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New Treatments Show Promise For Retinal Disease



The treatment of hereditary retinal disease has progressed by leaps and bounds over the last couple of years. Diseases that were once guaranteed to cause blindness now can be slowed down or cured. These tremendous strides in treatment options give people hope, and new research leads to a new wave of affordable treatments that make retinal blindness a thing of the past.

These options are made possible by the hard work and funding that various people and foundations put into testing and research. Some of the most recent studies that have been shown to positively impact the progress of retinal disease have been in the following areas:

Gene Mapping

Gene therapies have shown a lot of promise when it comes to retinal diseases. As doctors and researchers identify genes that cause illnesses, they can use this knowledge to manipulate the genes that are causing problems.

Gene mapping is an essential starting point in fighting retinal disease; it’s hard to fight an illness when you don’t know exactly what you are dealing with. Researchers are starting to figure out what genes are responsible for specific illnesses, and this allows them to focus their research efforts in the right places.

Gene Therapy

Gene therapy is different from gene mapping; when it comes to gene therapy, doctors replace sick genes with healthy ones. When they do this successfully, it’s a powerful treatment for retinal disease; the doctors cure genetically caused malfunctions by replacing the genes that cause the problems in the first place.

Cell Transplants

Researchers have made breakthroughs in curing retinal disease by adding healthy cells to a sick retina; this helps to restore lost vision, and it helps stops diseases in their tracks. A quick look at Steve Wynn’s profile and you can see that he founded Michael M. Wynn Center for Inherited Retinal Diseases to aid in this research. Some of the studies are looking for a way to grow these cells outside of the body; if this can be done successfully, researchers and doctors will have an abundance of healthy cells that they can use for a transplant procedure.

Other major studies are concentrating on the transplant procedure instead of concentrating on where to get the cells from. This is good for patients, because breakthroughs in both of these areas will give them more options when it comes to cell transplants.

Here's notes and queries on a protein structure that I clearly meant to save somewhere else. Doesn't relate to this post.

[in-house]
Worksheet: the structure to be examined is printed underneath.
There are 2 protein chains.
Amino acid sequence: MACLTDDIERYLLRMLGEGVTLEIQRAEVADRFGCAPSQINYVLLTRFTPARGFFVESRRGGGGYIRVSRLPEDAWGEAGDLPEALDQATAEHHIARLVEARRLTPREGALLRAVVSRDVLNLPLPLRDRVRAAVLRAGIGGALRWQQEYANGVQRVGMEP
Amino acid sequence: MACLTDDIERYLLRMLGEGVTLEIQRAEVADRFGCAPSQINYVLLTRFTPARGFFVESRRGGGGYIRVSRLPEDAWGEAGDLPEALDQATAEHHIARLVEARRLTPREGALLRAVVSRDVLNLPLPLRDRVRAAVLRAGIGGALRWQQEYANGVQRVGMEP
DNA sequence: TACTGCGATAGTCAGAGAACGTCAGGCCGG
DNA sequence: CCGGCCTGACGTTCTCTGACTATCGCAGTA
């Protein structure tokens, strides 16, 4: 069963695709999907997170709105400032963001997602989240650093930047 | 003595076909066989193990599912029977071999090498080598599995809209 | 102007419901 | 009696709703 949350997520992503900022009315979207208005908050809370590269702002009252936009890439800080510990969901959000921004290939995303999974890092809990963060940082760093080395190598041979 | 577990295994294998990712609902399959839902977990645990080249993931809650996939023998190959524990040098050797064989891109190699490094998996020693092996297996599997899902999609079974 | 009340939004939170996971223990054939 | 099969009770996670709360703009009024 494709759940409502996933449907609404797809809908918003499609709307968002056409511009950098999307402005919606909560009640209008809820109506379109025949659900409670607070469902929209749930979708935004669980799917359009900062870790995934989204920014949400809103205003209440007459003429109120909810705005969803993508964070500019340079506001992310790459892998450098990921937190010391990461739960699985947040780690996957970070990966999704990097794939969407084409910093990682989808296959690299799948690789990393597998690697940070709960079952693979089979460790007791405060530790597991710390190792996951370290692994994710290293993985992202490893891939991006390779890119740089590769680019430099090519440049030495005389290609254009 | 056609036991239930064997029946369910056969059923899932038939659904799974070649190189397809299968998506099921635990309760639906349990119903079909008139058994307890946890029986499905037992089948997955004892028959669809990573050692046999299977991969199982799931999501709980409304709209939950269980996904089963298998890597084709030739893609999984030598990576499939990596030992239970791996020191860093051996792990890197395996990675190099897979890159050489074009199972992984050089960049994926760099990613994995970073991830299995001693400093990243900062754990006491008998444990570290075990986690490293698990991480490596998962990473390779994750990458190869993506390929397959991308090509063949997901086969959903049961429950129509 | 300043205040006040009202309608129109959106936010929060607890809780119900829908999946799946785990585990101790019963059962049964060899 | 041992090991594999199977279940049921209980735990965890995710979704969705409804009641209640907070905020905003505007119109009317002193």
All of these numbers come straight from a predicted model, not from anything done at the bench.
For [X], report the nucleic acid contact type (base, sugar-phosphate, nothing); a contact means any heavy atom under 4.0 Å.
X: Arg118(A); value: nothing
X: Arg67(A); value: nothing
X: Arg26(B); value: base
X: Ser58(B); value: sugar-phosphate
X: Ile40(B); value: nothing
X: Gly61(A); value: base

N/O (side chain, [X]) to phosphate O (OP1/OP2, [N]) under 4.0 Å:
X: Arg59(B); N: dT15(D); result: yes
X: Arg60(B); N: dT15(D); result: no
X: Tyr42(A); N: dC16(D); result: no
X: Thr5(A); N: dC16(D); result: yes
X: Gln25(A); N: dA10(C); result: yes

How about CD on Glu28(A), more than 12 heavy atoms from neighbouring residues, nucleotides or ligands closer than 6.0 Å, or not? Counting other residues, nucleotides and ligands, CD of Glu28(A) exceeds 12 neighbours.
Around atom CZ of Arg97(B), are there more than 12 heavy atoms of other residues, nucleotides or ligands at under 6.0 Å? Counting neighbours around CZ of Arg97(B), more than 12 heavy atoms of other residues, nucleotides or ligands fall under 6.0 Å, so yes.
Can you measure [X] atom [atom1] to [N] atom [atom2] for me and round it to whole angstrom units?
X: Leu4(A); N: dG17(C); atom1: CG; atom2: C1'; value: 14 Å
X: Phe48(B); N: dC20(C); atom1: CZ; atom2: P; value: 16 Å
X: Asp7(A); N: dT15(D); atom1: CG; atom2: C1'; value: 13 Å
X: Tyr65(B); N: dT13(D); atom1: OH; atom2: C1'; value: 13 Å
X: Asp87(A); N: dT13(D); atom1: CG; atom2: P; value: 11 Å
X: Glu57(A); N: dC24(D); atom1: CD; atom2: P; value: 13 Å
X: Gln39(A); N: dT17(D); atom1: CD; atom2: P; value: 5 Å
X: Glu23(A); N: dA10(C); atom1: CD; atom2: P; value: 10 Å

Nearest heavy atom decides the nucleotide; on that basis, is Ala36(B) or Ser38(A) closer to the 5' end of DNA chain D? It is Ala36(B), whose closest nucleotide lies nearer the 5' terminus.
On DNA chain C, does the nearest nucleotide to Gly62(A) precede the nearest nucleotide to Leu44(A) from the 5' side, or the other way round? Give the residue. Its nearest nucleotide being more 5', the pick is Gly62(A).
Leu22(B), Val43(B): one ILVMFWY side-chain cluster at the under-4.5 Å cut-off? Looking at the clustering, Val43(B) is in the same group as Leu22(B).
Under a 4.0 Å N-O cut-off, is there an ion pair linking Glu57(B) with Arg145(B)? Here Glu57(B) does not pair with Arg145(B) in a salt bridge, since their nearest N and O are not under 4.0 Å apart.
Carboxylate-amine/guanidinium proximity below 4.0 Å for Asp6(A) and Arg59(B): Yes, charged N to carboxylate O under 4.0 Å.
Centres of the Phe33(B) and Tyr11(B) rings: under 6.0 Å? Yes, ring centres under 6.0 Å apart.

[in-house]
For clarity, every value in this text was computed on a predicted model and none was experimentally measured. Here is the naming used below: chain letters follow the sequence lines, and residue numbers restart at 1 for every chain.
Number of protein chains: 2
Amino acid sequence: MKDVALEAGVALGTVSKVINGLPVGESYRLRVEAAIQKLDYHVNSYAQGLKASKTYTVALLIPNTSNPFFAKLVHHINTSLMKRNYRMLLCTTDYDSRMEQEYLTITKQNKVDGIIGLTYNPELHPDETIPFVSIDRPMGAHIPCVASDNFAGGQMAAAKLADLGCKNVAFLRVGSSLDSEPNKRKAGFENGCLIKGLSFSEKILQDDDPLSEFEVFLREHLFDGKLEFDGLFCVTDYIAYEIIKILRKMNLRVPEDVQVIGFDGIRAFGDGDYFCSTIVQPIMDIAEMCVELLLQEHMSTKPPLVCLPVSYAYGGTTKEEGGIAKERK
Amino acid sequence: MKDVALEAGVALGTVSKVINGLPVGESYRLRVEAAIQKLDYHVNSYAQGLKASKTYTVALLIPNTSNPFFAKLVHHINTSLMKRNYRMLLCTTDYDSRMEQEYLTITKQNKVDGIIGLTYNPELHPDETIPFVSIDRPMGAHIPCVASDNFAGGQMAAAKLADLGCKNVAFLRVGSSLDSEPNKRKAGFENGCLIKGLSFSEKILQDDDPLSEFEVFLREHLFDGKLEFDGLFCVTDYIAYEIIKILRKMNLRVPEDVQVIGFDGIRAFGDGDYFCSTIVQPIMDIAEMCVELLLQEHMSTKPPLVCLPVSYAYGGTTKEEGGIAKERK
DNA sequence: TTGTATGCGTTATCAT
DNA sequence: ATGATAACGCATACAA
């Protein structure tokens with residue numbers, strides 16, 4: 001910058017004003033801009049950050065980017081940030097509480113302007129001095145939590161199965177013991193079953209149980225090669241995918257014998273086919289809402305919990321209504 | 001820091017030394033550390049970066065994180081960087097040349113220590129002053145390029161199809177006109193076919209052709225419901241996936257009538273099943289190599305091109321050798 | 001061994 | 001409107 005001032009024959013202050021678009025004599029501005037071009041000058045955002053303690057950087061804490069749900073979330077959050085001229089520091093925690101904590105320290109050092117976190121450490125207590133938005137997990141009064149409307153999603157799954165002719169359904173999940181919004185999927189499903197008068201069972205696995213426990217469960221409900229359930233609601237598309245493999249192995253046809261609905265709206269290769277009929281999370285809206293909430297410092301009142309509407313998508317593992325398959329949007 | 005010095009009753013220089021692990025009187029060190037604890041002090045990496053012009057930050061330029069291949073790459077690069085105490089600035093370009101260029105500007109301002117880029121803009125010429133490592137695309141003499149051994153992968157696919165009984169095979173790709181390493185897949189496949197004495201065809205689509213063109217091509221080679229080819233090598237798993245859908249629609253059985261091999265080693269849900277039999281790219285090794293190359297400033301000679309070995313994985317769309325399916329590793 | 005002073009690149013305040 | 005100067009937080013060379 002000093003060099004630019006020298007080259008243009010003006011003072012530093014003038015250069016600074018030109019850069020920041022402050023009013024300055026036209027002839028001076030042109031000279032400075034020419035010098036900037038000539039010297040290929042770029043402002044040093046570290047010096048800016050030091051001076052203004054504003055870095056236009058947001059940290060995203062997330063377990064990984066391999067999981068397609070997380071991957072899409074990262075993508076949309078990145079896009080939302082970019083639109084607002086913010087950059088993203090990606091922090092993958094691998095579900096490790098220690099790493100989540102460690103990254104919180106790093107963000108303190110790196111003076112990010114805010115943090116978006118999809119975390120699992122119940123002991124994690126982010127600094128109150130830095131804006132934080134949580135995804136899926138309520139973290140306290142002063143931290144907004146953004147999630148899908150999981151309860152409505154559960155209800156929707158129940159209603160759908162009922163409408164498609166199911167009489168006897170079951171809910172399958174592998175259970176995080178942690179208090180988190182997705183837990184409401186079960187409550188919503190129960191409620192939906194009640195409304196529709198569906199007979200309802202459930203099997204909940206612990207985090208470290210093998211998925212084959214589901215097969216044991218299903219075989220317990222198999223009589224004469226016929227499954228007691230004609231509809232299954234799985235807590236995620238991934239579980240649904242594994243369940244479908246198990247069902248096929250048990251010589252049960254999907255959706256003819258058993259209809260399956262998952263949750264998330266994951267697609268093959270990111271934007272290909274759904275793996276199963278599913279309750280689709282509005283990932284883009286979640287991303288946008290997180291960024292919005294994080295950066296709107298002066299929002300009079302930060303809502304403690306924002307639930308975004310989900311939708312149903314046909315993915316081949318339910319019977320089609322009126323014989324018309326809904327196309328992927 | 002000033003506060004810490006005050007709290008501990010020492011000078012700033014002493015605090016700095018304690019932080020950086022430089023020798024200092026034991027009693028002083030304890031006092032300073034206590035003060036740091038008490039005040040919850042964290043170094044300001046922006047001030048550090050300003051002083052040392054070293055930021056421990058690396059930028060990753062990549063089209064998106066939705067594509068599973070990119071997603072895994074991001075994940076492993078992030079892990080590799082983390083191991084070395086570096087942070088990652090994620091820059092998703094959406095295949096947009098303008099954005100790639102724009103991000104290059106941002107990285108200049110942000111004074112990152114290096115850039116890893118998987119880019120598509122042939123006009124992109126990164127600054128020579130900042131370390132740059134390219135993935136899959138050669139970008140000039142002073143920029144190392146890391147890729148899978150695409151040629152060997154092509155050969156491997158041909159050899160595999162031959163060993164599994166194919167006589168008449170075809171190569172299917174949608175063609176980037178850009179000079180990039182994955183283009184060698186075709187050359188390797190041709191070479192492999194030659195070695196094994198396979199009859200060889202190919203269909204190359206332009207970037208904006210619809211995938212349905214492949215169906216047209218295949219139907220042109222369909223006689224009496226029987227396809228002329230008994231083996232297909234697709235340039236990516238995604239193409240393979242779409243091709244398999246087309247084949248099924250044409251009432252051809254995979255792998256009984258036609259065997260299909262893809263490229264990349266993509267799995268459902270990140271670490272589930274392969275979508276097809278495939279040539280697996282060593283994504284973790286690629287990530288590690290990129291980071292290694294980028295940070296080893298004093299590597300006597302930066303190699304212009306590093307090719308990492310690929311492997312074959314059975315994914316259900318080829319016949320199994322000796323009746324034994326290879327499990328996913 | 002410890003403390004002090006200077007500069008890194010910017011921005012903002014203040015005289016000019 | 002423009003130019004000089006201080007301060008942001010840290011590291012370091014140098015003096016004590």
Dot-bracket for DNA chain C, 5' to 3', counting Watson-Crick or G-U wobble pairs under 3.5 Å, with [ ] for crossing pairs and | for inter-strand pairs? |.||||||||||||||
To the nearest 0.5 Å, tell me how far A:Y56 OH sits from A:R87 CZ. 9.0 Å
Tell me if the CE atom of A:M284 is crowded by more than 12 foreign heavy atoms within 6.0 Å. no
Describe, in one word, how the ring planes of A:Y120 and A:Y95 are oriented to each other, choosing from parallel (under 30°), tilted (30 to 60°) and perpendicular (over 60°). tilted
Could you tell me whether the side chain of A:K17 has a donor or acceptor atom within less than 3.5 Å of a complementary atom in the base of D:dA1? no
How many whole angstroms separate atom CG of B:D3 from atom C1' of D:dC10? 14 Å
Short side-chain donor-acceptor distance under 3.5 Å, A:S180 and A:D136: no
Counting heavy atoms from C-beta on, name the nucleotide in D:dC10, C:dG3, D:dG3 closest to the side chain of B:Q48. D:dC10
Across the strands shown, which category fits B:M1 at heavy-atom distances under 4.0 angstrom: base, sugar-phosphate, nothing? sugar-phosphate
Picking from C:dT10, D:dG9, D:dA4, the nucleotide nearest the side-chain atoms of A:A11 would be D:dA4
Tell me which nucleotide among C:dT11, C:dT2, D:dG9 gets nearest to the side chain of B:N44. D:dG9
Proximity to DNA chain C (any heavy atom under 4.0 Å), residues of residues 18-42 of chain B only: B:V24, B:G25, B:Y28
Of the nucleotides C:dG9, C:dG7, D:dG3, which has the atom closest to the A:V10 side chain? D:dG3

Creating Retinal Cells From Skin Cells

There’s been promising research in the field of transforming skin cells into retinal cells. This type of therapy is still in the first phases of research, but if it can be done successfully, it will give doctors access to as many retinal cells as they need.

The process breaks a person’s skin cells down into stem cells. Stem cells are the building block of all cells, and researchers can use them to build retinal cells. This approach would give patients the ability to grow new healthy cells that can be used to correct genetic defects.

Using Nutrition And Supplements To Fight Disease

Vitamins and supplements can be used to rebuild damaged tissue in a person’s body, and scientists are finding new supplement combinations that are effective at treating retinal disease. It might not be a cure-all, but proper supplementation can be used along with other therapies to help slow the progression of vision loss in certain patients.

Vitamin A combined with omega-3 has been shown to be one of these combinations; researchers say that it’s a very effective combination that can be used to slow retinitis pigmentosa. The great thing about supplementation is that it’s inexpensive, and people from all walks of life can easily buy these supplements from a health food store.

Innovative studies are helping people fight their vision loss. It’s amazing how fast researchers are progressing on therapies that would have only been theories just a few years ago. These new therapies give people hope, and they can potentially cure many people from a lifetime of blindness. It’s critical to keep up with these studies; we can learn tons from them as they progress past the clinical trial stage.